Orwellian Dystopia ‘1984’ Turns 75: Is It Still Relevant?

1984, 1984. George Orwell
Virgin (UK)/Courtesy: Everett Collection.; Public Domain

Short answer: Yes!

While the year 1984 has come and gone, there’s a reason the classic dystopian novel 1984 is still taught in schools 75 years later: British author George Orwell was almost as good of a psychic as he was an author. Published on June 8, 1949, and modeled after the real-life dystopia of life in the Soviet Union, Orwell’s ninth and final novel offered brilliant foresight into the problematic nature of totalitarianism and authoritarianism and was probably one of the most influential science fiction novels ever written (it was also turned into a film as well as being the inspiration for the 1985 film Brazil).

1984 75th anniversary book cover


In case you have not read the novel (and if not, you should!): 1984 tells the cautionary tale of Ministry of Truth bureaucrat Winston Smith, who dreams of a life free from the oppressive regime he’s forced to work and reside within, where citizens are at constant war and banned from free expression of thought or action, and even love. Despite his horrific surroundings, he manages to fall in love with a woman named Julia, but is then tortured into betraying her and himself after being caught by a member of the Thought Police.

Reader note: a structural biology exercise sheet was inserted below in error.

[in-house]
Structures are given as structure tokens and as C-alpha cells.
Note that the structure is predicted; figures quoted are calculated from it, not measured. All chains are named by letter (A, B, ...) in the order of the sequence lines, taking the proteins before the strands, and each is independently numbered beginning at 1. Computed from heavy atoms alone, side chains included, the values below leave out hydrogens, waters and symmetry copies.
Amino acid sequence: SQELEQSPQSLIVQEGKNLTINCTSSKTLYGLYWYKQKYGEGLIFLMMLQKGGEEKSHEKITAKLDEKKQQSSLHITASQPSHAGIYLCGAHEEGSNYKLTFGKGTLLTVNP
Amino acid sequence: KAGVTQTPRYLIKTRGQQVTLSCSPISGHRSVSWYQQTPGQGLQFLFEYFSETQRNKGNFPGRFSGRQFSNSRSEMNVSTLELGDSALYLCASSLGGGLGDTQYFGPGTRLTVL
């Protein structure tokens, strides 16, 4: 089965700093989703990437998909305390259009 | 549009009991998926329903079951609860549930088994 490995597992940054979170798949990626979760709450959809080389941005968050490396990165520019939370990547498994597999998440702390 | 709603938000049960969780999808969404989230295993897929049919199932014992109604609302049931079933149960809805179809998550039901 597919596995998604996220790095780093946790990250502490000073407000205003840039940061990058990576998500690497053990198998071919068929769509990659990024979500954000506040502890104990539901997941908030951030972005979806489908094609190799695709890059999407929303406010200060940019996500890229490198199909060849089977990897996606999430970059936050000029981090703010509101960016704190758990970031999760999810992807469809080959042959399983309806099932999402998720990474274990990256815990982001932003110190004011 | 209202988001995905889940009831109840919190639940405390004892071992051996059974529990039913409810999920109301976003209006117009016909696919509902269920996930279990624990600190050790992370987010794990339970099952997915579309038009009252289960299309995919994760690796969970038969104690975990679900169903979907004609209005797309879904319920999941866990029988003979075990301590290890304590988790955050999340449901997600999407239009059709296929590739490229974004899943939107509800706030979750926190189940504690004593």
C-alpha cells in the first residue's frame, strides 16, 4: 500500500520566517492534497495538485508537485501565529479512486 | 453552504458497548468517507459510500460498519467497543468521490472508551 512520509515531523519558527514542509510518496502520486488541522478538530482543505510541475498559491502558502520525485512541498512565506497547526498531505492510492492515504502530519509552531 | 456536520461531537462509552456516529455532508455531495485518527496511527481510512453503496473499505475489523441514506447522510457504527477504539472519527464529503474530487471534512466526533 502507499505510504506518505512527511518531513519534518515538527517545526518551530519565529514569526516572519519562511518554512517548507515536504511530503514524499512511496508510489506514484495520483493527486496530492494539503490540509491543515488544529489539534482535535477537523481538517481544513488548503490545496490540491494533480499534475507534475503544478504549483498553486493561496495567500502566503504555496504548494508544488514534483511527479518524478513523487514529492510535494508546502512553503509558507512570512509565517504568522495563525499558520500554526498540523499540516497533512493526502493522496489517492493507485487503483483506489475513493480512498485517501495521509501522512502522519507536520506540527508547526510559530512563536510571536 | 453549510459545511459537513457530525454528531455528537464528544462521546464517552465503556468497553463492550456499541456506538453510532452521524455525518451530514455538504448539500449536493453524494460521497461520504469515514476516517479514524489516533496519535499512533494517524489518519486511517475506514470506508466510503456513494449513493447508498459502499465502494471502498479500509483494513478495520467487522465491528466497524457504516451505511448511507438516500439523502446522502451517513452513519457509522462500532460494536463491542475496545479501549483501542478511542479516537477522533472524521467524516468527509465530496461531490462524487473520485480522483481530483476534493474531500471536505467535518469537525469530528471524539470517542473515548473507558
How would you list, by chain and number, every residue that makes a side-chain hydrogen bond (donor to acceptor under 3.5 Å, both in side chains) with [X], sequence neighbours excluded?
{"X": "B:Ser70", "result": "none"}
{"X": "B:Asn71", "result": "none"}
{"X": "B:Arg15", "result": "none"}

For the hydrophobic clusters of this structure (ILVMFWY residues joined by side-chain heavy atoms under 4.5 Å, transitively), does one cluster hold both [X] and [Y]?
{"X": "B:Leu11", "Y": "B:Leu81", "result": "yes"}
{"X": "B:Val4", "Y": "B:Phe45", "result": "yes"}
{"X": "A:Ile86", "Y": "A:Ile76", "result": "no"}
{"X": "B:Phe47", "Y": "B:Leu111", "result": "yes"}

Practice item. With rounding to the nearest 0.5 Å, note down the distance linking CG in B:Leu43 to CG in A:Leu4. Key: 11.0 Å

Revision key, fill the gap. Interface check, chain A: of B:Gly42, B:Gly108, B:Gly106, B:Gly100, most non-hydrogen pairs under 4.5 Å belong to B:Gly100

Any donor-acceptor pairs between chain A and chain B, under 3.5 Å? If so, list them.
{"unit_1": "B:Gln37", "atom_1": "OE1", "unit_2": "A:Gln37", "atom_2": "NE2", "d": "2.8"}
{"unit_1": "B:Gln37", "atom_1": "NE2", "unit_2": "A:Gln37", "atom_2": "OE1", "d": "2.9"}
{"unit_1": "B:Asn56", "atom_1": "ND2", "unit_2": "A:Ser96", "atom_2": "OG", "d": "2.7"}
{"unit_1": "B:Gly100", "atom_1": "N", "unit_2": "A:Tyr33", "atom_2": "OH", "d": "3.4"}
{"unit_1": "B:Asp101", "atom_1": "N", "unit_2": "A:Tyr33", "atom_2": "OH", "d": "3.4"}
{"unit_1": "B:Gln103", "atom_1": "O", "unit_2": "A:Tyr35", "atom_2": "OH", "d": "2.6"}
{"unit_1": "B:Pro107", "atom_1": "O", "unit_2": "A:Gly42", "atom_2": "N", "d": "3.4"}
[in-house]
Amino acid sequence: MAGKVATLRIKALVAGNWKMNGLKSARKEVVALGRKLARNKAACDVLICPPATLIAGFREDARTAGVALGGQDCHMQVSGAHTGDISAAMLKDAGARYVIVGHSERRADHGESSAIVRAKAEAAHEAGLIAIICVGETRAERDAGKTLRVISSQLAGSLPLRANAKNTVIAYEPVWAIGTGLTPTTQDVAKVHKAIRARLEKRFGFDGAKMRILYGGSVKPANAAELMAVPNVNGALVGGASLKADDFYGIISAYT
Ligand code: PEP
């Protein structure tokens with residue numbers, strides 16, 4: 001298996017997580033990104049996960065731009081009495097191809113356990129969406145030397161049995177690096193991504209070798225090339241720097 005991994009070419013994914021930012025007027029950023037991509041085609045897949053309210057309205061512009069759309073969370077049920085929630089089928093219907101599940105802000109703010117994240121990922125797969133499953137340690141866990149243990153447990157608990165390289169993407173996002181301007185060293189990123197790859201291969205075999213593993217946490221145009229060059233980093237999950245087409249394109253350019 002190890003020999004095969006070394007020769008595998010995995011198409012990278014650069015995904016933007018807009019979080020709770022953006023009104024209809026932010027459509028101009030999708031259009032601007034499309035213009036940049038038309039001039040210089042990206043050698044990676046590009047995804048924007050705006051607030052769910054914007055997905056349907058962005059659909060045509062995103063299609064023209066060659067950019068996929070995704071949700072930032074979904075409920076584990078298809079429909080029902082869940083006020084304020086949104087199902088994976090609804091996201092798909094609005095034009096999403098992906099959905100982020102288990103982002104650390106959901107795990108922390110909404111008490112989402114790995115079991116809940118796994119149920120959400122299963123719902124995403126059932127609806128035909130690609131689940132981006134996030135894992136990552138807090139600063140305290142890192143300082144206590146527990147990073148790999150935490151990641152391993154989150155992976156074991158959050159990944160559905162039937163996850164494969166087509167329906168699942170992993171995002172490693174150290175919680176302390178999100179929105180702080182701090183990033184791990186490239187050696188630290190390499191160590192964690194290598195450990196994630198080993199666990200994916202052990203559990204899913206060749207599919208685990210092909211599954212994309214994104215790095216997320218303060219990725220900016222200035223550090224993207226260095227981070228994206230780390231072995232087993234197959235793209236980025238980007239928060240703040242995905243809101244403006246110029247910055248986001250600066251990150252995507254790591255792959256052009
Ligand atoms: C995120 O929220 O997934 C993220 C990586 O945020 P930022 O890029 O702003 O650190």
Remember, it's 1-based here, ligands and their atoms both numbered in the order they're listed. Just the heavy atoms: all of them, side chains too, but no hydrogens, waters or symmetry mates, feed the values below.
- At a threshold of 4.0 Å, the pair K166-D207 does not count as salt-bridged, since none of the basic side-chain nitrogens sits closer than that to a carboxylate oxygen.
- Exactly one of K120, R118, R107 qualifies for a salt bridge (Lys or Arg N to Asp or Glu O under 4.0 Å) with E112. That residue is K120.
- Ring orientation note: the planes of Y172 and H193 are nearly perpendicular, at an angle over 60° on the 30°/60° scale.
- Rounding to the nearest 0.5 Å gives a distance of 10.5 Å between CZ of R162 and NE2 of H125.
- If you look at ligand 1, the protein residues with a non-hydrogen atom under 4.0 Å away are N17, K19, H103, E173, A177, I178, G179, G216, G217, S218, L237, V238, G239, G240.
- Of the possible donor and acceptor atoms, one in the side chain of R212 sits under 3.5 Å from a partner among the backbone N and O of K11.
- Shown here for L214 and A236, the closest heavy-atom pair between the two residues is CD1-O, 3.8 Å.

29th June 1965: A poster with the famous words 'Big Brother is Watching You' from a BBC TV production of George Orwell's classic novel '1984'.

Larry Ellis/Express/Getty Images

Many terms from this novel are eerily relevant today and throughout all cultures and times, which is what makes the book so timeless. Big Brother, the unseen monolithic leader of the Party (clearly the inspiration of the title of the reality show about a group of strangers who live in a house under constant surveillance); Doublethink, a term that describes one’s capacity to hold two contradictory beliefs at one time; Newspeak, purposefully ambiguous and confusing language; Hate Week,  a week of events designed to make the citizens of Oceania feel as much hate as possible towards certain enemies (this could perfectly describe many areas of the internet); and finally, the Ministry of Truth, whose purpose it is to rewrite history to fit Party doctrine. (Interestingly, the Soviet Union’s biggest newspaper was called Pravda, which is Russian for truth.)

This is a book that will likely never feel too dated to read, as it explores human nature on a deep level, and the huge pitfalls surrounding government and power that countries and cultures all have to work hard to avoid.

You should also check out the film 1984 starring John Hurt and Richard Burton, which turns 40 this year, as it is not only called 1984, it also came out in 1984!